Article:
Peace prospects in Ukraine and the Middle East
1. Peace chances in Middle East?
Dim, so long as Iran views conflict as in its best interests. The three major disruptors of peace at this point are all armed, trained and financed by Iran, Hamas in Gaza, Hezbollah in Lebanon and Houthis in Yemen. Were Iran to stop arming and financing these militias, whether voluntarily or by outside action, their military capabilities would shrivel, as none have any significant domestic arms production absent Iranian assistance.
Israel has offered a sixty-day pause in Gaza in exchange for release of the hostages. Hamas rejects that offer and demands a permanent cease-fire. Israel views the terrorist attack of October 7 as a violation of what was in essence a cease fire and that no cease fire can take place as long as Hamas who perpetrated the terrorist attack is in control of Gaza.
None of the Iranian-backed militias have the capability to conquer Israel but they each have the capability, especially acting in concert to make life miserable for Israelis.
Let’s remember that Iran and Iraq fought a two-decade war at the end of the twentieth century, with Iraq supported by the US. Iran wants the focus of the Muslim world on Israel because should Israel and the dominant Sunni Muslim countries make peace, Shia dominated Iran fears it would become once again subject to attack.
Iran has done nothing to endear itself to its Sunni neighbors with its missile and drone attacks on Pakistan, Iraq and prominent role in the Syrian civil war.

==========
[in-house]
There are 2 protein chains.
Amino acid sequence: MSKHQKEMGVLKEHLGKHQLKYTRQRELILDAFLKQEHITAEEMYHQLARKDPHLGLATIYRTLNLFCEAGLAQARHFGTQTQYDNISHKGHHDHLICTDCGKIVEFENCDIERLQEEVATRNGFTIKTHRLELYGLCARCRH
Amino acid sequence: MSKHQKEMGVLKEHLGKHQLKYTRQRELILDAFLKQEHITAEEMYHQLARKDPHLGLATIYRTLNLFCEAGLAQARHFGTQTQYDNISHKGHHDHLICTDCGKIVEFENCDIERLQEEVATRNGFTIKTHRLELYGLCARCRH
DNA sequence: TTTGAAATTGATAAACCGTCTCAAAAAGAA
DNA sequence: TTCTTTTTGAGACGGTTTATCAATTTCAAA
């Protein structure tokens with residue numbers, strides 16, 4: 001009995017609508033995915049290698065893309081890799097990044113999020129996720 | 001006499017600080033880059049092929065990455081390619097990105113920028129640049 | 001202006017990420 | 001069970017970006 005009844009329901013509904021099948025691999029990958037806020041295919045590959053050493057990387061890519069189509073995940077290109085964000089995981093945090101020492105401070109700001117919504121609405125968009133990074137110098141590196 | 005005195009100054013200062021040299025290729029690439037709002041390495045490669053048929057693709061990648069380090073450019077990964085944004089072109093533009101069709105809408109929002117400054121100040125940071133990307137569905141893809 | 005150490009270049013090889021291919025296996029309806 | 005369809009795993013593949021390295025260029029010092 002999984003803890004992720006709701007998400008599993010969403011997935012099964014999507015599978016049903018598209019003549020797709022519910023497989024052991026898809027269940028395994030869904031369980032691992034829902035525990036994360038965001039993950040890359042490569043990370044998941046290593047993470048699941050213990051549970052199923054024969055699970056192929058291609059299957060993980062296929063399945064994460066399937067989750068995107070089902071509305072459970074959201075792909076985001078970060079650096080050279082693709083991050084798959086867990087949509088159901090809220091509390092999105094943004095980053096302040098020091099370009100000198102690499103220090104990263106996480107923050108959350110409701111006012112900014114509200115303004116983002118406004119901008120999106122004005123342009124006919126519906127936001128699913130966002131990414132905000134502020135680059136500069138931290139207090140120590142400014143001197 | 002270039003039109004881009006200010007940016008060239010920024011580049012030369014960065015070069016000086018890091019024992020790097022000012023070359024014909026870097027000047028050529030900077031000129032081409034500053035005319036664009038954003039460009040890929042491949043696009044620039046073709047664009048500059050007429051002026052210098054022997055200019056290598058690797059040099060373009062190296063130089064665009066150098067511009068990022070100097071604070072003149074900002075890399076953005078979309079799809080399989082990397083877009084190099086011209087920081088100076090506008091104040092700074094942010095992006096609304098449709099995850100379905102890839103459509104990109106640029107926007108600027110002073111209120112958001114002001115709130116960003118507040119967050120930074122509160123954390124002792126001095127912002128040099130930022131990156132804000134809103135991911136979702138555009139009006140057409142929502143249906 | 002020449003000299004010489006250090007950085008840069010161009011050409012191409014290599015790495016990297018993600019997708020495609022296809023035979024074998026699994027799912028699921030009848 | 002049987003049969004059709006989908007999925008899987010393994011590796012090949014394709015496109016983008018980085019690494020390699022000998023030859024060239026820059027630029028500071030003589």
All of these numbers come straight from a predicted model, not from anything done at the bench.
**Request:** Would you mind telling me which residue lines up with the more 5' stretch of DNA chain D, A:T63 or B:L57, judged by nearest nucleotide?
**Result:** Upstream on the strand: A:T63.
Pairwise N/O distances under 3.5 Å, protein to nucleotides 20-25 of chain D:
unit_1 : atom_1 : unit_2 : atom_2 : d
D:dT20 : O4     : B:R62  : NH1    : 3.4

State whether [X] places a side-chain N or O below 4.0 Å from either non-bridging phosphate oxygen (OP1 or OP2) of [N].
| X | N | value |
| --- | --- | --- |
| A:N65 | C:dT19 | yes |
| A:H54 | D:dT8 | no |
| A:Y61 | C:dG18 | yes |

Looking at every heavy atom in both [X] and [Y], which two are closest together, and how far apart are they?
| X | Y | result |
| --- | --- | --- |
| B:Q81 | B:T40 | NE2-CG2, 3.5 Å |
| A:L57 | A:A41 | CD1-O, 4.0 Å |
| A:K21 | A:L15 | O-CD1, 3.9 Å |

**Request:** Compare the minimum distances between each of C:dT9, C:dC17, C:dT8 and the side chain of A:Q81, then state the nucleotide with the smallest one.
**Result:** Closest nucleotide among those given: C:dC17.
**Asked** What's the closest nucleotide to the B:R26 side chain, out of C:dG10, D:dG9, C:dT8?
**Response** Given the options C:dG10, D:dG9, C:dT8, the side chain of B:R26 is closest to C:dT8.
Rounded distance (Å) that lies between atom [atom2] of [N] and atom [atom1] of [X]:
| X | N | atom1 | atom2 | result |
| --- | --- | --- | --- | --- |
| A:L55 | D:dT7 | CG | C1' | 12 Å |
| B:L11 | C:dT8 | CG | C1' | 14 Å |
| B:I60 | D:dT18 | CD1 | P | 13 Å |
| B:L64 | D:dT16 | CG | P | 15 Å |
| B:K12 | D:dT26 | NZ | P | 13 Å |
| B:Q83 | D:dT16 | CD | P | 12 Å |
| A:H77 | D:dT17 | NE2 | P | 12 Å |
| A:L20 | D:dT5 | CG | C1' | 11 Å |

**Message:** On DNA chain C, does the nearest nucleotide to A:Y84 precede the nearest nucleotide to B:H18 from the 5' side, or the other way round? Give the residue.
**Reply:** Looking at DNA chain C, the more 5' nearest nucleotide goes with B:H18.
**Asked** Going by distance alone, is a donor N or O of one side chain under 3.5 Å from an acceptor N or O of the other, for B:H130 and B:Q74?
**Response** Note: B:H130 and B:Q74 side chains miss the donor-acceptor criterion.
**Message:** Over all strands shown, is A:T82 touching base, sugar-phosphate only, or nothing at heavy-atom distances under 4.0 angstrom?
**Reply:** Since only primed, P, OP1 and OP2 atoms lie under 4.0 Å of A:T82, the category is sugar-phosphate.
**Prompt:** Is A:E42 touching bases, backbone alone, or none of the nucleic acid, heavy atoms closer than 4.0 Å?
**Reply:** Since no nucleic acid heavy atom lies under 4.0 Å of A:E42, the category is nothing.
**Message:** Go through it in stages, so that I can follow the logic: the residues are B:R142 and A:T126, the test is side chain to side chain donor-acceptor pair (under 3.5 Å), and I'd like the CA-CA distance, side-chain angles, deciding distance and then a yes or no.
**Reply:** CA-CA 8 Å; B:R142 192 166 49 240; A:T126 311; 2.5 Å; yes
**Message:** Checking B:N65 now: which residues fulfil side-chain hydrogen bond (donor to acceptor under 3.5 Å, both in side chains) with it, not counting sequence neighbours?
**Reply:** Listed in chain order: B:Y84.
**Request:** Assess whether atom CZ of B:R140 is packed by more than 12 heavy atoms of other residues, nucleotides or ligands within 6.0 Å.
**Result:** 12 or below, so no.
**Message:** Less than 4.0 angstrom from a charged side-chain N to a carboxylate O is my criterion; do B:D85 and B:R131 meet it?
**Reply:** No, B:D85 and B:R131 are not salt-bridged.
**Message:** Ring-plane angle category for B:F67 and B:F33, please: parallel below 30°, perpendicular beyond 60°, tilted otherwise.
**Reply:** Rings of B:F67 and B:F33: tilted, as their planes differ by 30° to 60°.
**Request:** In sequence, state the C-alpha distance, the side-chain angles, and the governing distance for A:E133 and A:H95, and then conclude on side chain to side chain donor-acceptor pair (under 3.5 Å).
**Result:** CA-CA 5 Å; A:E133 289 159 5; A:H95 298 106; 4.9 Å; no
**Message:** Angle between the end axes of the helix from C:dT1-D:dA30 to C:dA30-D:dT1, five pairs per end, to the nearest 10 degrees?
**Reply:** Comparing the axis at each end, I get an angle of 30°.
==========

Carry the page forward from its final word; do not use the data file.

Peace in the Middle East is also not in Russia’s best interests as it distracts US and Britain from Russia’s ongoing invasion of Ukraine. It diverts US military aid to Israel that otherwise would go to Ukraine.
The ongoing squabbles in the US Congress, with House Republicans refusing to agree to provide arms and economic assistance to Israel and Ukraine likewise do nothing to aid Middle East and Eastern Europe peace. Were the US to present a unified approach the US would be more effective in dealing with the perpetrators of violence, Iran and Russia.
2. Are the rumors of peace negotiations being floated by Putin real?
No. These rumors are a gambit by Putin to divide the West, especially the US, and to give him time to reconstitute his ground forces. They are also a delaying tactic to see what happens in the US elections. Putin’s greatest hope is that Trump receives the Republican nomination and is re-elected. Second -best hope for him is that the Republicans keep control of the House or retake control of the Senate or both, any one of which bode ill for continued US assistance to Ukraine.
What Putin may be miscalculating here is that Europe by and large is unified against him. The Europeans are vastly stepping up their contributions to Ukraine and rebuilding their military capacity.
Russia has suffered devastating losses to its army, which will likely take decades to recover. However, Russia has suffered devastating military losses in previous wars-Napoleonic Wars, Crimean War, Russo-Japanese War, WW I and WW II, often using these wars as learning experiences to rejuvenate its military. The Russian Empire has ebbed and flowed over the centuries. The current war is just the latest iteration of this centuries old pattern. European leaders and Putin understand this. The US does not, with the US divided between internationalists and isolationists. We learned the danger of isolationism in WW II, but the intervening years and loss of the Greatest Generation have caused many in the US to forget those lessons.
Both of these conflicts are generational conflicts, not conflicts that fit into short-term news cycles nor US fiscal years nor US election cycles. Like it or not we are not Switzerland, where we can remain neutral and sell Rolexes to anyone with the money. We are an international power with international responsibilities.
Reflections from the River
William L. Enyart, Major General (retired), US Army
Audio production by Tom Calhoun, www.paguytom.com